You may have heard of iRacing which is a sim available on PC. If you’re just starting out I would avoid going straight to iRacing. It’s a very competitive sim and reasonably expensive as it’s a subscription-based model + pay to unlock various pieces of content. It’s not really budget-friendly for the most part and I’d recommend taking the dive into iRacing once you’ve solidified your interest in the hobby.

Equipment

Alright, the equipment is the exciting part and what you’re all here for. It’s also the most expensive and it can really add up quickly.

You’re just getting started, you don’t need to go and drop $2000 on a direct drive wheel and another $500+ on a load cell pedals. What you do need though is a basic force feedback wheel and a set of basic pedals. The keyword there is force feedback. Most wheels these days are force feedback but there are some very cheap and nasty options out there that don’t have force feedback. Avoid these at all costs.

The Logitech G29/G920 is pretty much the go-to for entry-level kits. You’ll get a force-feedback wheel with a heap of buttons and dials, padel shifters, and a set of potentiometer pedals with a clutch pedal. If you’re wanting to save some money, see if you can pick one up used. They’re everywhere on the second-hand marketplaces (Craigslist, eBay, Amazon, etc) so you won’t have any trouble finding them.

If you’re looking for second-hand gear, you can even check out the older Logitech wheels such as the G27 or even the Driving Force GT. To put things in perspective for you the Driving Force GT is a step below the G27, and the G27 is the predecessor to the G29/G920. You’ll notice a difference in quality between the G27 and the Driving Force GT but there isn’t as big of a difference (in my opinion) between the G27 and the G29/G920 as far as the feel of the wheel when driving goes. Long story short – try and pick up a G27 or a G29/G920 if you can second hand. If you happen to find a Driving Force GT and feel that will cover all you need, then that’s a great buy in its own right.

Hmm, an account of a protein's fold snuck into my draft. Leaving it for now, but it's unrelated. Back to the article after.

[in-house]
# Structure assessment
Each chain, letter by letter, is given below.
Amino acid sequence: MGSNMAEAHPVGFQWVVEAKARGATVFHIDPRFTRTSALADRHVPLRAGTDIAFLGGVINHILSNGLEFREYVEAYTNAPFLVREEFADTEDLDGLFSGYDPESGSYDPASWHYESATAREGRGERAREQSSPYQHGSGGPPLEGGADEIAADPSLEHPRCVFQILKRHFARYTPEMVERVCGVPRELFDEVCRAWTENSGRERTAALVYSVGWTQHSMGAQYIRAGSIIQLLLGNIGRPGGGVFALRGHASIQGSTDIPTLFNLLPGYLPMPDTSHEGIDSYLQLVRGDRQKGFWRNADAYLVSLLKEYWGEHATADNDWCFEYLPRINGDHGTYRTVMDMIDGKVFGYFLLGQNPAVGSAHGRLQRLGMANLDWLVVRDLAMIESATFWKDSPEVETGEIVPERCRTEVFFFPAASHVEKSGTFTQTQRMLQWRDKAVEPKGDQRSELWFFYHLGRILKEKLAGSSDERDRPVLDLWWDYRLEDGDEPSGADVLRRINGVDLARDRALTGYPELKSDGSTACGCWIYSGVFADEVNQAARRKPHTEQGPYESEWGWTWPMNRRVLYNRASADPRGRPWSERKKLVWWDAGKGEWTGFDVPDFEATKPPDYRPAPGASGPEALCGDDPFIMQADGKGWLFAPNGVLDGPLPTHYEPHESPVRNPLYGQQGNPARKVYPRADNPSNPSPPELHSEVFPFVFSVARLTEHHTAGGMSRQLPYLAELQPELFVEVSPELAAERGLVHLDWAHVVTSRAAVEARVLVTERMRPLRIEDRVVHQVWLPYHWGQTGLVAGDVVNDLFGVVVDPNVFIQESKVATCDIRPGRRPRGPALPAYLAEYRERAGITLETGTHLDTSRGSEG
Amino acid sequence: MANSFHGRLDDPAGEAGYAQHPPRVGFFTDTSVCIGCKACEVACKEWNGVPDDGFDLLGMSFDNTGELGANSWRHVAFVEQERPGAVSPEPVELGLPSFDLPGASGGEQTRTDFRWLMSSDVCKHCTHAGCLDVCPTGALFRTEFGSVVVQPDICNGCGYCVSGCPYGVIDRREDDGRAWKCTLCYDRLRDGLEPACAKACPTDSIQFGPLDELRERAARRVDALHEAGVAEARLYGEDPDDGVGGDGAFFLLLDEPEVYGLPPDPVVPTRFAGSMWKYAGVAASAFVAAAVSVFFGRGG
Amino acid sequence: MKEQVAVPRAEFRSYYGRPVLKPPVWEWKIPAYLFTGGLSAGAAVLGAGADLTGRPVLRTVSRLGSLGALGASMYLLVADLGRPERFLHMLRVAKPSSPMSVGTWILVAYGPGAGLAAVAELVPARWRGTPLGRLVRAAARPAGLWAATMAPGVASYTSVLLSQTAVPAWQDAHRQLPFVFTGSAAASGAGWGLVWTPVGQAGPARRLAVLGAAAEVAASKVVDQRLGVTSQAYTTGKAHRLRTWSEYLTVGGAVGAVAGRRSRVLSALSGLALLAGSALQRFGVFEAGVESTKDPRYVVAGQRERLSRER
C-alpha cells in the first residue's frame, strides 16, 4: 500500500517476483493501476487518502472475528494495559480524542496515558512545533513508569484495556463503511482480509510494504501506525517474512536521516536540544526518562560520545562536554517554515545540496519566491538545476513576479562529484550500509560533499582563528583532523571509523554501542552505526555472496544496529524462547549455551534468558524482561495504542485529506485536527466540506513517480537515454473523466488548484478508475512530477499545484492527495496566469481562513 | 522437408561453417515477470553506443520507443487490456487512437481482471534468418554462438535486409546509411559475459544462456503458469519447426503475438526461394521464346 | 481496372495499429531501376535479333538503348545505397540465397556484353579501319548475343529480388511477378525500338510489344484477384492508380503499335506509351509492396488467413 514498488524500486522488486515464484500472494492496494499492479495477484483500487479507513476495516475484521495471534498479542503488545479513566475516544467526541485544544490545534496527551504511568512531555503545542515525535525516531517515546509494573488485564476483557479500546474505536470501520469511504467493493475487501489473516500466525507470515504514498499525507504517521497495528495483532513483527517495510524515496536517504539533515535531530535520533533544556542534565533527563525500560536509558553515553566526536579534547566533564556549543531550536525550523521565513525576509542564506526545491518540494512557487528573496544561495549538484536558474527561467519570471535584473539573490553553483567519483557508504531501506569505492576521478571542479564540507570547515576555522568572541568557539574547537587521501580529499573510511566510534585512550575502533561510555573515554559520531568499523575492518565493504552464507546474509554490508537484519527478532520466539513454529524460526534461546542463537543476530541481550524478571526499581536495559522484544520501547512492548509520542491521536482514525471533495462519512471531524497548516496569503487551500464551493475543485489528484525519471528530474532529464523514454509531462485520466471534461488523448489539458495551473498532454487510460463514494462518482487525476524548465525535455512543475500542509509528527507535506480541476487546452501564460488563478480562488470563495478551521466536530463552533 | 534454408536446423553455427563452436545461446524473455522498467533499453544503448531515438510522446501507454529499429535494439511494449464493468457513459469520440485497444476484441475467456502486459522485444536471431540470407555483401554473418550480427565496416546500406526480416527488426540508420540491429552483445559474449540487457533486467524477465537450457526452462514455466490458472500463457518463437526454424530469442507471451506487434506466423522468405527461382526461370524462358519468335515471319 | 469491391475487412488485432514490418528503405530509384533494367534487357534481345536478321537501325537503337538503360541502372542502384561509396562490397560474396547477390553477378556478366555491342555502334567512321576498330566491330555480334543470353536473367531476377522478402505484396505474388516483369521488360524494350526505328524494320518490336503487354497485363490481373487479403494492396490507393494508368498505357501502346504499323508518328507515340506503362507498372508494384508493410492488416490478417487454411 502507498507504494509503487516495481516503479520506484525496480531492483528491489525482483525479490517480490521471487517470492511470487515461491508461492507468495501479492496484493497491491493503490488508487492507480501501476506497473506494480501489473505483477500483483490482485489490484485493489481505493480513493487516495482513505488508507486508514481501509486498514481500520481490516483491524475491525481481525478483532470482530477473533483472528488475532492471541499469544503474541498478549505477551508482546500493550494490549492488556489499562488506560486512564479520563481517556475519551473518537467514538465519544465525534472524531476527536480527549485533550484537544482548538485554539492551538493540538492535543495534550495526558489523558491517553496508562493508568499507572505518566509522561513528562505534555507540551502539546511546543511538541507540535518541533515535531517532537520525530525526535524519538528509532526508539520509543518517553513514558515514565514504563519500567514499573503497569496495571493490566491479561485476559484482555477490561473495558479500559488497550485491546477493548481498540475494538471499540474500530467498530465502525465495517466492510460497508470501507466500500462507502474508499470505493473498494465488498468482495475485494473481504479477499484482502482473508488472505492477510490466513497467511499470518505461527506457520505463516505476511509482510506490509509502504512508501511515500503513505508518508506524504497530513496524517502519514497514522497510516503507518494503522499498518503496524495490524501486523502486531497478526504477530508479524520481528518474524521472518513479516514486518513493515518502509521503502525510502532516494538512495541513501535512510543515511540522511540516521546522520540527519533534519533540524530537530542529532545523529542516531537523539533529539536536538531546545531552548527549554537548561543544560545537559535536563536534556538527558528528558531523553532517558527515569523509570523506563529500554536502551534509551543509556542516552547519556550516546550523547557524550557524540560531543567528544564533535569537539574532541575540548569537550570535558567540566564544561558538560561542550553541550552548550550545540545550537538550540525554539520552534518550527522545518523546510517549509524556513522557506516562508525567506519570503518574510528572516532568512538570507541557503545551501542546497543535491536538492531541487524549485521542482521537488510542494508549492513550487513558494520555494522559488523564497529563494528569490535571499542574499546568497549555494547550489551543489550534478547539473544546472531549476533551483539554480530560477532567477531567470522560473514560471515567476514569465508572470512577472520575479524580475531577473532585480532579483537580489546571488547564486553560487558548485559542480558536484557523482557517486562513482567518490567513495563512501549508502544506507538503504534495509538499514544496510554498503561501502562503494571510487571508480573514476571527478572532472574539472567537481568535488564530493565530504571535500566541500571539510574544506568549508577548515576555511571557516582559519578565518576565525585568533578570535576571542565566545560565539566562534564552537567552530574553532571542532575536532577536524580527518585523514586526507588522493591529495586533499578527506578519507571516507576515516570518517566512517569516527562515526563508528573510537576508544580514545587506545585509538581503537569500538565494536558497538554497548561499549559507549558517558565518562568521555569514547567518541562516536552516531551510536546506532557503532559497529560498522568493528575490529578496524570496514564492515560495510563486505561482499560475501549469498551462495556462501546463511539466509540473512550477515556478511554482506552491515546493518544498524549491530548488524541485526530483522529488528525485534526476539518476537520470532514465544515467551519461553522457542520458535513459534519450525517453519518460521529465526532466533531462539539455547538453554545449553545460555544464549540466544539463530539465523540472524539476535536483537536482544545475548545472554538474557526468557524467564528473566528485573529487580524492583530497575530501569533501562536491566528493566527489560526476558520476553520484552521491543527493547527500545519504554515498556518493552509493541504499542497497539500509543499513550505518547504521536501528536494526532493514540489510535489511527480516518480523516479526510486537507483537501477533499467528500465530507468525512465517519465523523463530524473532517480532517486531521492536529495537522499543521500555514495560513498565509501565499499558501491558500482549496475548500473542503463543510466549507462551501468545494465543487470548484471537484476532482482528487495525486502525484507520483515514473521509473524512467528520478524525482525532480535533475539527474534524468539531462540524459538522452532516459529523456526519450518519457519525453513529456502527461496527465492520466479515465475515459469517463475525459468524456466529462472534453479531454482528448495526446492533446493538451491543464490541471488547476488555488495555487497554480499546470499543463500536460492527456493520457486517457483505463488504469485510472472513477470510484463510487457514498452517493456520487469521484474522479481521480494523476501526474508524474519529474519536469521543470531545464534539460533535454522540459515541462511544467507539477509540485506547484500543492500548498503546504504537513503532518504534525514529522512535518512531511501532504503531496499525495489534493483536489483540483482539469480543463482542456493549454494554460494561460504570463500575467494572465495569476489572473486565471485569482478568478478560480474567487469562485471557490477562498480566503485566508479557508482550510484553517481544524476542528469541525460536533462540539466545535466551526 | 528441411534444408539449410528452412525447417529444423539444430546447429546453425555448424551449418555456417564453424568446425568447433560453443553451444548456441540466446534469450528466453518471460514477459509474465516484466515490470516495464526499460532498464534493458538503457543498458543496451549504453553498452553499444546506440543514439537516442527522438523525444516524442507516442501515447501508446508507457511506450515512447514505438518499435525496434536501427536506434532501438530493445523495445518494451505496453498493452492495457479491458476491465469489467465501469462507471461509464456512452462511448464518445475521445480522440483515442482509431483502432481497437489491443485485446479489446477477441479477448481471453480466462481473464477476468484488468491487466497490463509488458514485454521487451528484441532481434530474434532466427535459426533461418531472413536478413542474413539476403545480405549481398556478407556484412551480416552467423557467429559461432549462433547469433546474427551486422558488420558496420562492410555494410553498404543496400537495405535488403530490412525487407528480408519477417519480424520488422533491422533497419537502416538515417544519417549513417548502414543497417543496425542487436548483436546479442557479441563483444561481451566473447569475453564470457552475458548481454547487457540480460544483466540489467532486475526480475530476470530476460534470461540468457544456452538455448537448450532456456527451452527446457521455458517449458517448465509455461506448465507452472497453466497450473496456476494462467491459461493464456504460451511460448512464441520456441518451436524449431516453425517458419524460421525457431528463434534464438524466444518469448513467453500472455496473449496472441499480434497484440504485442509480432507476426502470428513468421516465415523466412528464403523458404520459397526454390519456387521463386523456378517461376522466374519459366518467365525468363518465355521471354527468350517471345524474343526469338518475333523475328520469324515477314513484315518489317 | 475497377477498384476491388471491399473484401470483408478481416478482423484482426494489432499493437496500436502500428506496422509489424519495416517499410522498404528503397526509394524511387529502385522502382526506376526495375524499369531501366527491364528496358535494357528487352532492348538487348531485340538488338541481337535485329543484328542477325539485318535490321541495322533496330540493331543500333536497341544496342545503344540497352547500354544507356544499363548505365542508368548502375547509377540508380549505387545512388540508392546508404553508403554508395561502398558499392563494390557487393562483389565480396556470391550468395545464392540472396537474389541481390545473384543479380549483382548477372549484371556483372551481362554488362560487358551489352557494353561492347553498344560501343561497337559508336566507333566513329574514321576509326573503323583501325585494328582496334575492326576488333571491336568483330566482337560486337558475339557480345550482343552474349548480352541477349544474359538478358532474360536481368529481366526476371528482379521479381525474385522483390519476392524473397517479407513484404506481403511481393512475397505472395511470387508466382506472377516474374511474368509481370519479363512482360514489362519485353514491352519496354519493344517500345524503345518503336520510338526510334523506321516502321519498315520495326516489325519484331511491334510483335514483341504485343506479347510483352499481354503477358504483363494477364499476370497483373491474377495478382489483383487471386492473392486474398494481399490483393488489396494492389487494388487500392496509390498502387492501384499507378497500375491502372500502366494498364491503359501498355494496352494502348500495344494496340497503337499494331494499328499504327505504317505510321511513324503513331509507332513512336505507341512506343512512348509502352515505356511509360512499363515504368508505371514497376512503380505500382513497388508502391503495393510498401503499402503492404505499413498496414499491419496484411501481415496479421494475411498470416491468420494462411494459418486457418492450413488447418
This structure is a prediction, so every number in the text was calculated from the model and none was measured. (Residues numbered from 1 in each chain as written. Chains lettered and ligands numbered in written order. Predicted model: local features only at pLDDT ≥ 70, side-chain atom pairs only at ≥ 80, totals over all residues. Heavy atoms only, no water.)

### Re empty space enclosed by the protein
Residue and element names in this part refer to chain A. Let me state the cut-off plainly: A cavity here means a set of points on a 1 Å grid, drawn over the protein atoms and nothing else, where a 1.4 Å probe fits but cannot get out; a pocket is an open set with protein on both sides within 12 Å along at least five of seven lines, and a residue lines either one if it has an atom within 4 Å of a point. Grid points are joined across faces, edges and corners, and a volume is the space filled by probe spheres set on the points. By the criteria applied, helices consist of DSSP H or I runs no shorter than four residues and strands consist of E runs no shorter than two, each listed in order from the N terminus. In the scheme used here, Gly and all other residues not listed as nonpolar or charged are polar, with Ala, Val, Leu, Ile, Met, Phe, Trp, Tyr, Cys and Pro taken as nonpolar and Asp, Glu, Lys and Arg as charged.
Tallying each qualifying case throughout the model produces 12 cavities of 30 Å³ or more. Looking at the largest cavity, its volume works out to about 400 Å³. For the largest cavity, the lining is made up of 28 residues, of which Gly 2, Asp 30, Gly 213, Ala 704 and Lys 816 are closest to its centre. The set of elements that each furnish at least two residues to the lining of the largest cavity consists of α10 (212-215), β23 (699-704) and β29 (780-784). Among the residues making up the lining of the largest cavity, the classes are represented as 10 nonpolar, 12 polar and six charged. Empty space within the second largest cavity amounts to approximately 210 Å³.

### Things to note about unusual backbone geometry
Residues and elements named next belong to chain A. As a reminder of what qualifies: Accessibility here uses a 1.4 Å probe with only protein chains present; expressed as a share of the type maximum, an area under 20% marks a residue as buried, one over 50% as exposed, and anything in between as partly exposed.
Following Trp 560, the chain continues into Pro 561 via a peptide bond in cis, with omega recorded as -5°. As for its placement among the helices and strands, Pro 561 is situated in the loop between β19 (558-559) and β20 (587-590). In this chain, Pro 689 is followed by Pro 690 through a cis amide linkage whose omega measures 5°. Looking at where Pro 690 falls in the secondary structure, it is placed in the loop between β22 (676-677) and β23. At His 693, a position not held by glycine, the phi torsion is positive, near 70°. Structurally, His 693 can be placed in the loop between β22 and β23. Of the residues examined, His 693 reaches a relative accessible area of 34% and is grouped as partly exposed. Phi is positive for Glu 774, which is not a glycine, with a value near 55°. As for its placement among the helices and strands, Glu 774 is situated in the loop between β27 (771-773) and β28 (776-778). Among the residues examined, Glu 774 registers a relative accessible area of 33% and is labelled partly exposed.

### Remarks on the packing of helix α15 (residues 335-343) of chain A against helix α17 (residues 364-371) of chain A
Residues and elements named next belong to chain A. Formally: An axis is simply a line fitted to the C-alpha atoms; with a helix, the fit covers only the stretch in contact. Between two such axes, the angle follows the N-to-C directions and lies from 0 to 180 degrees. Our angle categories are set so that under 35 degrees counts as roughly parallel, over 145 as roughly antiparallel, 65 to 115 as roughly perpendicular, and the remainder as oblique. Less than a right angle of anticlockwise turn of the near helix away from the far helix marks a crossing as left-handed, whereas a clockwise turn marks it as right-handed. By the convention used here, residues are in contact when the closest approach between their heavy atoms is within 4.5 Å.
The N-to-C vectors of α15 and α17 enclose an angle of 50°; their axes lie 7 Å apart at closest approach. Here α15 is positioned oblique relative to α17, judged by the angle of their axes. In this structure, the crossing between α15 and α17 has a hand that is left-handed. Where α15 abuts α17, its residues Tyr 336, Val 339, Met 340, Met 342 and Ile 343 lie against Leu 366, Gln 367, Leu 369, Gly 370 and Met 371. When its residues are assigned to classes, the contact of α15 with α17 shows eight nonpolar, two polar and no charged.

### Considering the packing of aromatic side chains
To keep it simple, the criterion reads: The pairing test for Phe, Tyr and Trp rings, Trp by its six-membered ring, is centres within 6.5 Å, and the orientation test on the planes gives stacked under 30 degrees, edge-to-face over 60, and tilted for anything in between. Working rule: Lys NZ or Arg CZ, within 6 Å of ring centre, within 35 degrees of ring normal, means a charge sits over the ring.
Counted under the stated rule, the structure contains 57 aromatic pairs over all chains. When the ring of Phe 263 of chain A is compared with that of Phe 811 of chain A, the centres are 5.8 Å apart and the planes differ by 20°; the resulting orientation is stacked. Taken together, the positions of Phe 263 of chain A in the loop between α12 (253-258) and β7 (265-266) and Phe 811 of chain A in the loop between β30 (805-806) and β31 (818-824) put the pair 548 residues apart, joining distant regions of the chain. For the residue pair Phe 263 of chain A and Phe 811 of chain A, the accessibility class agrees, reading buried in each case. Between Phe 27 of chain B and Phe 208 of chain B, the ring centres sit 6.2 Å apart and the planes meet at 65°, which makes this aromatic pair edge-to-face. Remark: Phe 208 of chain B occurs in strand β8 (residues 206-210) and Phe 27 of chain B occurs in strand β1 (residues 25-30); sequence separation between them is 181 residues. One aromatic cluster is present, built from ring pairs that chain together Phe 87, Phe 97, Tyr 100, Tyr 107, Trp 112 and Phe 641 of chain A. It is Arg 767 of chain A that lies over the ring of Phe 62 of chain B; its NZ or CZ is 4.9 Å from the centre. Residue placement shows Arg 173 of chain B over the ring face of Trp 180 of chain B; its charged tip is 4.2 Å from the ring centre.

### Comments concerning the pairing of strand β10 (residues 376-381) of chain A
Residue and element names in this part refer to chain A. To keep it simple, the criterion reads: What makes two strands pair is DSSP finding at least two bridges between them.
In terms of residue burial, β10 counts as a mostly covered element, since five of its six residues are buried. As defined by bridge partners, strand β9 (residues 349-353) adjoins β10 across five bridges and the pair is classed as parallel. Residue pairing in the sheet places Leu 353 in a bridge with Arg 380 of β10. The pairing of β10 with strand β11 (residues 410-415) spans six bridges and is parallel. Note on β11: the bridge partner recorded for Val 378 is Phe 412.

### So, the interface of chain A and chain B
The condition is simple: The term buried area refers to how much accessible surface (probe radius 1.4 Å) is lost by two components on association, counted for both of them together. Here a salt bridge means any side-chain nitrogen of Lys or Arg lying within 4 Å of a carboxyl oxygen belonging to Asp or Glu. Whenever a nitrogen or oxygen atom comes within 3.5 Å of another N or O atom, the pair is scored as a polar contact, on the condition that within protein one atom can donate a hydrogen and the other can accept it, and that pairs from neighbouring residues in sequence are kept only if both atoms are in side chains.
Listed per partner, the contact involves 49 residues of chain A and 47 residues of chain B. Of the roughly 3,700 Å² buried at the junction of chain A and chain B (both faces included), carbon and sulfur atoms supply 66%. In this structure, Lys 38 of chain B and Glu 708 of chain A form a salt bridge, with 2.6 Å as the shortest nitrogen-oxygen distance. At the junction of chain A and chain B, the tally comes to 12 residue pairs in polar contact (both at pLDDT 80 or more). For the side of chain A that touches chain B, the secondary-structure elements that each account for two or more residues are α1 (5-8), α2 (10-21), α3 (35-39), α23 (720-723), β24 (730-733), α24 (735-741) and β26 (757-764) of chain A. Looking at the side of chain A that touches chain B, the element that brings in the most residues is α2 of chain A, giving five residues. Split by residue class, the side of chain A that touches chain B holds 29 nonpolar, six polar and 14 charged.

Personally, when I started sim racing with a wheel I had a Driving Force GT and then later upgraded to a G27 which is still in perfect working order today almost seven years later. You’ll save a fair chunk of money by buying the Logitech wheels second-hand and they’re built like tanks so should last you many years to come. If I was looking to buy a wheel for the first time again, I would go a second hard G29/G920.

You don’t need any H-pattern or sequential shifters, or handbrakes. The Logitech kits are enough to get you into a game and racing. If you feel you need those extras later on then Logitech sells an H-pattern shifter separately for the G29/920 that you can get later on. You will need somewhere to mount the wheelbase and the pedals though. Almost all low-end wheels will come with built-in clamps that will allow you to clamp them to your desk or table. The pedals will usually have something like carpet teeth but if you’re on hardwood floors for example, then you’ll need to get a bit creative as to how you’re going to get them to stop sliding around.

Wrap Up

Figure out of you’re going to be playing on console or PC to start with. Don’t go out buying a gaming PC if you don’t already have one as there are heaps of good sims available on console.

Next, pick a game that suits the style of racing that you’ll want. I’d suggest Assetto Corsa or Project Cars 2 as they offer a good variety of classes to race to get you started.

Finally, you’ll need your wheel and pedals. Have a look at second-hand online marketplaces for used Logitech G29/G920. They’re great introductory wheels and built to last.

Failing all of this advice, if you’re still looking to go cheaper then I’d suggest picking up a controller and just starting with that. You’ll still have a great time sim racing.